BATISTE: City Council Tackled Top NOLA Issue—Just Kidding!

On Thursday, April 21st, the New Orleans City Council put aside all municipal issues to focus on one of the city bureaucrats’ favorite distractions—racial politics. The Council introduced a measure rename Lee Circle to Harmony Circle. Now, as laid out by the local government, the city and citizens of New Orleans will live life in harmony, with the gumbo spoon sculpture awkwardly standing at the base of Robert E. Lee’s column.

For the record, anyone who searches the internet—or reads books–could read that Robert E. Lee visited New Orleans several times. And despite the ignorant intolerance, Lee surrendered to end the war. He encouraged Southerners defending their homeland from invasion to cease fighting. He was respected widely on both sides of the conflict.

But New Orleans in 2022 is far different from the 19th century position as America’s largest port city and the crown jewel of the South. Anybody whose eyes are functioning can see homeless people throughout the city, homeless gathered in tents around downtown, and violent crime and auto crime (as in carjackings) frequently impacting every part of the city. But the politicians don’t want to address any of that. What they want is to distract citizens from the real issues.

No one in New Orleans thought altering the city’s historical landscape was a priority in 2015 except a New York musician (meaning he doesn’t live here) and the Take Em Down folks like the transplanted Marxist Gavrielle Gemma and a transplanted activist named Quess. Not one person has been able to intelligently explain the “how” this removing and renaming improves the city.

It comes as no surprise that the elected officials of New Orleans prefer addressing non-issues such as street names because if public officials fulfilled their obligations, they would be forced to develop real solutions to the issues spreading like cancer through the city–violent crime, sewerage and water board incompetence, decrepit infrastructure, and blighted and abandoned properties.

The argument that the city’s focus could and should be placed in better areas is indisputable. The argument that the city leaders are capable of doing more than one thing at a time is a lie. Because they can’t do any of these things well, more or less multiple of them well at the same time. Mitch Landrieu once said “smart people can do more than one thing at a time” while defending his monument obsession from criticism that he ignored the city’s crime problem while focusing on a personal legacy-building issue.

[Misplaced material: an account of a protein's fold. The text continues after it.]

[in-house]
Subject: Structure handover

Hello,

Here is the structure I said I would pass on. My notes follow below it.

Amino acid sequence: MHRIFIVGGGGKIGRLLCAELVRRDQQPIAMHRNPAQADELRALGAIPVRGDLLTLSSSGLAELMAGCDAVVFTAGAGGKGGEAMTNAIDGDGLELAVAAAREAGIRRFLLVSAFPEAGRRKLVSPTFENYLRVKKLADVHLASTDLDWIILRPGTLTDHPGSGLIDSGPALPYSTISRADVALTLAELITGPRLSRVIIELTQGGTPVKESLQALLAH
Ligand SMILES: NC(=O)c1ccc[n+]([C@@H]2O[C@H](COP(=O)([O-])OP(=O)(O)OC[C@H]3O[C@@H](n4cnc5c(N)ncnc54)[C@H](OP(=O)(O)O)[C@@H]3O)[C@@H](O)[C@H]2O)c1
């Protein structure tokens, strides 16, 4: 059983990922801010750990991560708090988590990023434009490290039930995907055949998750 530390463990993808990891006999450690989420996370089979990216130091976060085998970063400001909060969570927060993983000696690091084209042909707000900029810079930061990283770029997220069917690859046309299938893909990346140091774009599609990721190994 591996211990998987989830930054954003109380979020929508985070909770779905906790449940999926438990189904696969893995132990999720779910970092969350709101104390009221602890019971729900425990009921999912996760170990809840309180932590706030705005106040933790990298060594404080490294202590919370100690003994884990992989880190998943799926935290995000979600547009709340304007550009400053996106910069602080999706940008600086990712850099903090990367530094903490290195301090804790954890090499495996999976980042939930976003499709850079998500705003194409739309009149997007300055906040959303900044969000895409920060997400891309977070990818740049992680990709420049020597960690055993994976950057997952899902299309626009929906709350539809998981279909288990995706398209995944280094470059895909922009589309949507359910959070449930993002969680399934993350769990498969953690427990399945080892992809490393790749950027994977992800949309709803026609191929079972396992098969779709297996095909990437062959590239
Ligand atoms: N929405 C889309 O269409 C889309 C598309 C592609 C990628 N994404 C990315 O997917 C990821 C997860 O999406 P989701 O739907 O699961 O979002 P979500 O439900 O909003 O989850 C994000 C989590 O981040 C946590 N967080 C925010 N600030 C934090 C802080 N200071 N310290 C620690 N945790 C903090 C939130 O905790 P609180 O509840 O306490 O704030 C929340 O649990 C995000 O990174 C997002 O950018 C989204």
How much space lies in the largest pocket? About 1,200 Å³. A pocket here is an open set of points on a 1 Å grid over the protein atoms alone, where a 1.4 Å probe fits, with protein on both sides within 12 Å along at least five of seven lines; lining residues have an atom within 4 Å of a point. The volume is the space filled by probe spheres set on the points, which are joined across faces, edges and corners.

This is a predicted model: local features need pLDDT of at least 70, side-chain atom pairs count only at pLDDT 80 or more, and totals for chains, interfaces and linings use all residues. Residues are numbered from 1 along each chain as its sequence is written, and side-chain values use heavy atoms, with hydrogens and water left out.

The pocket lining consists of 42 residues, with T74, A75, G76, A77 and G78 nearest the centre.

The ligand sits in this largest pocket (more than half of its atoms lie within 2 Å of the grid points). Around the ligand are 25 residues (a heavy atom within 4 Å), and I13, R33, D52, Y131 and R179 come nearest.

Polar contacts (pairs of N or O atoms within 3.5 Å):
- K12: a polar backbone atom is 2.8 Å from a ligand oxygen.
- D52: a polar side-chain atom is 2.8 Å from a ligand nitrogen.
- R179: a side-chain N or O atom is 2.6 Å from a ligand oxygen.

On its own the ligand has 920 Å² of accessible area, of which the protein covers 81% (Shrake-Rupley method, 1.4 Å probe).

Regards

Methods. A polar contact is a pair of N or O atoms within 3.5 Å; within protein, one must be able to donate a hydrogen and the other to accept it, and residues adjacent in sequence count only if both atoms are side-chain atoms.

In almost poetic fashion, since the removal of the monuments, the city-run Sewerage and Water Board has been a complete disaster. It’s evident in the incorrect billing, insufficient services, failed infrastructure, street flooding, and what might be illegal billing for sanitation services that the city does not fully provide. Not to mention the number of Sewerage and Water Board employees arrested and the FBI raid.

Mitch Landrieu argued in favor of monument removal stating, “We have the opportunity to show the world that we as New Orleanians, and Southerners, are able to bring our community together around the prospect of a better future.” Despite his delusions, Mitch’s futuristic vision of New Orleans more accurately reflects the catchy signs seen around town in 2017 which stated, “Monuments Down, Crime Up.”

Most people have heard the joke, America has only three cities: New York, San Francisco, and New Orleans. Everywhere else is Cleveland. La Nouvelle Orleans was founded as a French city. It still retains much French influence, highlighted with Spanish influence as well as its own historical identity. Instead of enhancing the city’s culture with new street names in place of bird, gem, or tree names, this City Council and its Streets Renaming Commission vindictively attempt to rewrite the city’s existence, one of beauty and depth envied by municipalities across the United States. The City Council is molding the beautiful crescent into Cleveland. A reader emailed a suggestion that since the current power structure in New Orleans is changing so much, they should rename the city because its current form has little resemblance to the once great New Orleans.

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